challenge is to first sink a huge gaft into the fish, then – while it is
thrashing out of control - attempt to take a knife and drive it into the brain
of the fish and then finally to slice the artery near the lateral line to “bleed
it out” before the fish finally gets dragged over the gunnel into the boat.
After being bled out along the side of the boat for maybe 10 minutes, the
Captain and/or Mate can then “in theory” lift it into the boat AND MAYBE… it
will have lost enough blood to where it’s then safe to venture to the back of
the boat for a photo. In every case on this day… Just when you thought it was
safe to go in close for an inspection, the beast would somehow come back to
life and proceed to get even with the angler with it’s last pound of strength!
As these photos illustrate,
the Yellowfin were so big that I couldn’t physically lift them and Cory had to
prop them up on my lap for the photos.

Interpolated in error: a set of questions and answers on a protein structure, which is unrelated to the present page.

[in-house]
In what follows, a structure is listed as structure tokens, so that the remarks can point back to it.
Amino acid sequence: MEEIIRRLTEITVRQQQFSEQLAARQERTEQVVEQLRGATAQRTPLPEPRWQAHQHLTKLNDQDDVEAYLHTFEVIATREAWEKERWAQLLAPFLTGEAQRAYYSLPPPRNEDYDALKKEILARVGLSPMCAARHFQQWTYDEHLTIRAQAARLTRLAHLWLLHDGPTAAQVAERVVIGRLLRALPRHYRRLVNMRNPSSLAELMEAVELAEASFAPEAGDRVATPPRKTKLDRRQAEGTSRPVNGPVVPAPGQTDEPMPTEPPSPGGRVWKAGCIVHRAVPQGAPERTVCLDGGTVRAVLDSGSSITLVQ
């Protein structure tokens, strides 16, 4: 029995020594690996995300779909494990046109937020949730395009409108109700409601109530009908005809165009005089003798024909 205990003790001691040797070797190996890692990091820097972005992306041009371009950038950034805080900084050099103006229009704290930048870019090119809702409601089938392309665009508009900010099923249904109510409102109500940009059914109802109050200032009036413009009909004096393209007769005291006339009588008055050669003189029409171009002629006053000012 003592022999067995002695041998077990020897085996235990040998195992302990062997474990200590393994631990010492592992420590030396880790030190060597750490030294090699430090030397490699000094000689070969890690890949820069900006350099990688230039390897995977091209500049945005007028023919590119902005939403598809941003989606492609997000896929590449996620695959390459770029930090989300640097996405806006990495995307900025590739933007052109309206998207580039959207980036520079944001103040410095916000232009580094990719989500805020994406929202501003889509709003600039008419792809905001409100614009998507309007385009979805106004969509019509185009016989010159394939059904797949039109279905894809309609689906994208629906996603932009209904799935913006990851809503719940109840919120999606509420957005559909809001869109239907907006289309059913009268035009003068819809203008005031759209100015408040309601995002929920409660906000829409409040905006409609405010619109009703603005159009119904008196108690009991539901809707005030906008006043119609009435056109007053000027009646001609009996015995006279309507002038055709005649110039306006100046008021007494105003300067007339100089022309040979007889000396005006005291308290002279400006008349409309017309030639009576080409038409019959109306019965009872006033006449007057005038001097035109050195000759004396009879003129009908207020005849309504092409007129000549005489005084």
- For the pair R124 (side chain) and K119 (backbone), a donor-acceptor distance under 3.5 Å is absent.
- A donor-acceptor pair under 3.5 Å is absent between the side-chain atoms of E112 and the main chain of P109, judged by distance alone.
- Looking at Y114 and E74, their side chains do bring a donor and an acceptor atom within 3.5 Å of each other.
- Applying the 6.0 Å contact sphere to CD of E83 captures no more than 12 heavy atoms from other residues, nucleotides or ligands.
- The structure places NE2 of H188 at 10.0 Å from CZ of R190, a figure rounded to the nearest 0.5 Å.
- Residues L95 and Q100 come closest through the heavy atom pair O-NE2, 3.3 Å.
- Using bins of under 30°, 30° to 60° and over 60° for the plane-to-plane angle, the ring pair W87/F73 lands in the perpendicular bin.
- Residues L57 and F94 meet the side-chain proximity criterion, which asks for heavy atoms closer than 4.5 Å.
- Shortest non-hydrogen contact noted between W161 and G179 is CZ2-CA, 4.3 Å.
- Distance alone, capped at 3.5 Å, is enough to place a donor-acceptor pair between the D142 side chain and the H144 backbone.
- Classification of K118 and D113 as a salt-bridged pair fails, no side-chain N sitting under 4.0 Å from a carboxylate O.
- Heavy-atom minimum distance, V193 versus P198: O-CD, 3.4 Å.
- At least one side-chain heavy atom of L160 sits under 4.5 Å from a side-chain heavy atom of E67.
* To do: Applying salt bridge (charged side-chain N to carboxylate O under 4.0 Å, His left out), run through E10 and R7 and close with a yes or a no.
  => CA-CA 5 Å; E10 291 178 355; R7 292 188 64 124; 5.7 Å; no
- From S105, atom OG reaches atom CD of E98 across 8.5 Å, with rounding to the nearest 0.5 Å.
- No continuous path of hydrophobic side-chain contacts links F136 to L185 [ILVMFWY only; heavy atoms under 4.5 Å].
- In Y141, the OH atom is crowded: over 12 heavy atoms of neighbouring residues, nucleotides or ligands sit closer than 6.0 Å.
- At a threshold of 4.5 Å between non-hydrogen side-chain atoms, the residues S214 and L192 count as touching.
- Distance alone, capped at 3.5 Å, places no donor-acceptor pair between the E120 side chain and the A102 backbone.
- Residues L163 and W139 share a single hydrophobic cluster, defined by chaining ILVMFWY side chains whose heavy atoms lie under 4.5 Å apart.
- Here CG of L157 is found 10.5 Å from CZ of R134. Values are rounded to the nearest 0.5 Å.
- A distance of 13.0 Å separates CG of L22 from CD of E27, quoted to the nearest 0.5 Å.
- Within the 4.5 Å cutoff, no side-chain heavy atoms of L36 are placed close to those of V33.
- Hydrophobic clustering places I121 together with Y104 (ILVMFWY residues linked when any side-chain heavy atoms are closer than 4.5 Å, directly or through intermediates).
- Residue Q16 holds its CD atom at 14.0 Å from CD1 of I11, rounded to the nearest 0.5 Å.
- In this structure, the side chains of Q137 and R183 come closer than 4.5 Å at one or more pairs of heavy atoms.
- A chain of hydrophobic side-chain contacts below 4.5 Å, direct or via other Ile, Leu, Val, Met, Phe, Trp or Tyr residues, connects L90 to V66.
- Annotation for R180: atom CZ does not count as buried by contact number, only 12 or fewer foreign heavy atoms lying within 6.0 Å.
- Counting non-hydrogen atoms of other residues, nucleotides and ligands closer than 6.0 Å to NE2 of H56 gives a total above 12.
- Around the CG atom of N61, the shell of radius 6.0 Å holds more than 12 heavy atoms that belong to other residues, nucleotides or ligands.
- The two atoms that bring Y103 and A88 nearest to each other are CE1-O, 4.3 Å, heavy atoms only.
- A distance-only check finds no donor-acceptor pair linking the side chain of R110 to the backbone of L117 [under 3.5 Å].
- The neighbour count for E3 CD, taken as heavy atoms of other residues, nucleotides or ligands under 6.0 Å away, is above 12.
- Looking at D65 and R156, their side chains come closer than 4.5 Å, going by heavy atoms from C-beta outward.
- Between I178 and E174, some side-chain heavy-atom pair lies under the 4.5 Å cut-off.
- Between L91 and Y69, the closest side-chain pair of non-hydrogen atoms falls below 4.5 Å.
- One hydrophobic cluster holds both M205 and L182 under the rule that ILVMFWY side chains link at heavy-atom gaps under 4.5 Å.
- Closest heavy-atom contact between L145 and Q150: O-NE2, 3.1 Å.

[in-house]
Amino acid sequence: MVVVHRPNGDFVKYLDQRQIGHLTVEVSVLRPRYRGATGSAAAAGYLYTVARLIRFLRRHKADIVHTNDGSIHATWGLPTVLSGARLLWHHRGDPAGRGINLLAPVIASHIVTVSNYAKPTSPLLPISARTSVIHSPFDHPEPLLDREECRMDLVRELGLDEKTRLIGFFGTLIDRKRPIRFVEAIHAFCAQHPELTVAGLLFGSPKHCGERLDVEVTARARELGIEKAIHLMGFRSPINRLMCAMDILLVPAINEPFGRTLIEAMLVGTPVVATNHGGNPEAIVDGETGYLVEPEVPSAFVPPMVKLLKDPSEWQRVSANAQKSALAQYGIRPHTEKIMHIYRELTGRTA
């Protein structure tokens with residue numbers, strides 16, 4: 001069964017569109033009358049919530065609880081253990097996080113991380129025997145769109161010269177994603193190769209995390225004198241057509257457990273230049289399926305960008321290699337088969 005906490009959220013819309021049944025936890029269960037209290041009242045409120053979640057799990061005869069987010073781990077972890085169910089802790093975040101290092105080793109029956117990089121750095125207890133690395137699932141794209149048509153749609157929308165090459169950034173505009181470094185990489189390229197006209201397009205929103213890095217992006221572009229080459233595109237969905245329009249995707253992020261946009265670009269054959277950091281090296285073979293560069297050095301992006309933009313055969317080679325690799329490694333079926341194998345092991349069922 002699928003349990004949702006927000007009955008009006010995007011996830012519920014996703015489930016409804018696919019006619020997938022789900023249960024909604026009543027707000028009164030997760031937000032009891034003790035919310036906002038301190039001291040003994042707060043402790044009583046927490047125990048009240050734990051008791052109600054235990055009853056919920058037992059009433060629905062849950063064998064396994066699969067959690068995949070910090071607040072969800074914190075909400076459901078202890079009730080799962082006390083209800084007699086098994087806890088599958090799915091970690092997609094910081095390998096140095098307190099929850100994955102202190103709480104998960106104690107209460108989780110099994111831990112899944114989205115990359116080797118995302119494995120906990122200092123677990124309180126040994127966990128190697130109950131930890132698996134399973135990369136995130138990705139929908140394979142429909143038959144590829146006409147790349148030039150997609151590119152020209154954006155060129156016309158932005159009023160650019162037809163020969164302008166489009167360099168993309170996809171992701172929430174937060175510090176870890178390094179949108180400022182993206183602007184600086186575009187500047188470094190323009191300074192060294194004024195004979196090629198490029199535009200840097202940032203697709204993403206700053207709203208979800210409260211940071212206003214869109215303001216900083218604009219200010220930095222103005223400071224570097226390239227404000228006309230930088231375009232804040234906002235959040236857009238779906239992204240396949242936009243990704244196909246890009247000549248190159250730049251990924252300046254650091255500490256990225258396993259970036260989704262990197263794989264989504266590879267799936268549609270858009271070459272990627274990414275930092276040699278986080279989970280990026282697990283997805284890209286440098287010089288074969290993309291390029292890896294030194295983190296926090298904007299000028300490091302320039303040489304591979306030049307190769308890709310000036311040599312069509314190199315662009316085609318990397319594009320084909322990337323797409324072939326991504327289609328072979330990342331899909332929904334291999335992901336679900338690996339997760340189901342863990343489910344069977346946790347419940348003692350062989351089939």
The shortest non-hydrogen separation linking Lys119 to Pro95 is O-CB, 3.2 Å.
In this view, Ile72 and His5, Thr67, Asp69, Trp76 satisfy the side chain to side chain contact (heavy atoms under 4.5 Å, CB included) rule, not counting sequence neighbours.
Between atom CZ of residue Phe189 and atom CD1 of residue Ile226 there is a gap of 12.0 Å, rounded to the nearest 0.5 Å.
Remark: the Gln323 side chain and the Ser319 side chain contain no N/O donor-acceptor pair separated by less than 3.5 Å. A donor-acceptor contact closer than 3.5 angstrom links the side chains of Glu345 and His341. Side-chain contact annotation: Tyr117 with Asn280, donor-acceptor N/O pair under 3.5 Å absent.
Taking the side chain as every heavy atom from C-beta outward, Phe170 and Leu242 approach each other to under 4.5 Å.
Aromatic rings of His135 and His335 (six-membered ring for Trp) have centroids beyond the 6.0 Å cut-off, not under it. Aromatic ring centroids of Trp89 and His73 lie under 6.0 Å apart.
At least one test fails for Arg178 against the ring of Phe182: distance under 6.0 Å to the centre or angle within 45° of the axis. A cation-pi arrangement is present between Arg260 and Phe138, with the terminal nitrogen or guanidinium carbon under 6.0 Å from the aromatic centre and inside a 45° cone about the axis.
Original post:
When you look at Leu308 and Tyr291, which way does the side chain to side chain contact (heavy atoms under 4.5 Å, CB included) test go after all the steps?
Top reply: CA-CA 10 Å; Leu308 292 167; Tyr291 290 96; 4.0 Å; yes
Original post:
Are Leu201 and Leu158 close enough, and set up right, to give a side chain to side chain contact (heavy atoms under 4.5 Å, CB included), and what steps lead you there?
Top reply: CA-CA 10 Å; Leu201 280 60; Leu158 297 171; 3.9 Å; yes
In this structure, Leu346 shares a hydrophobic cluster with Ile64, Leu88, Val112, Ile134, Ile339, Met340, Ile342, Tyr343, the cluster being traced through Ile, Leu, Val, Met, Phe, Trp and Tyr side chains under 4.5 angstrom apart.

The Yellowfin we targeted
were off-shore about 18 miles and they were gorging themselves on really small
Red-Sardines (about 2 inches long). They bait school was so massive that it
spread out for hundreds of yards in every direction and was maybe 50 feet
deep. Dave hooked the largest Tuna of the day (maybe 80+ pounds) on his
heavy fly rod loaded with 400 yards of backing. He fought it for over an hour
(at long distance) before it finally broke the tippet as a result of the line
“raking across” it’s teeth. Word on the street is that Dave is looking
forward to “getting even” soon.
When the fish we landed came
crashing into the boat, they basically “threw up” the bait that was loaded in
After landing 280 pounds of
Tuna, my back, legs and arms had enough of a workout, and it was time to hunt a
few Roosterfish and Jacks on topwater poppers along the beach near our port.
Once again, we weren’t disappointed as we hooked 8 and landed several fine
species in the 30+ pound class.
Captain Tosh with a Monster
Jack in the 30 pound class.
The sunset was spectacular
(as usual) and the following photos with Captain Cory surveying the bay tell
the story as to why we feel that the Osa Peninsula is now our new “Last Best
Cory, Katie and I go out
again tomorrow for a day of Inshore fishing hunting the elusive RoosterZilla
and Giant Cubera Snapper.
More to follow, Happy
Holidays and Plan Your trips.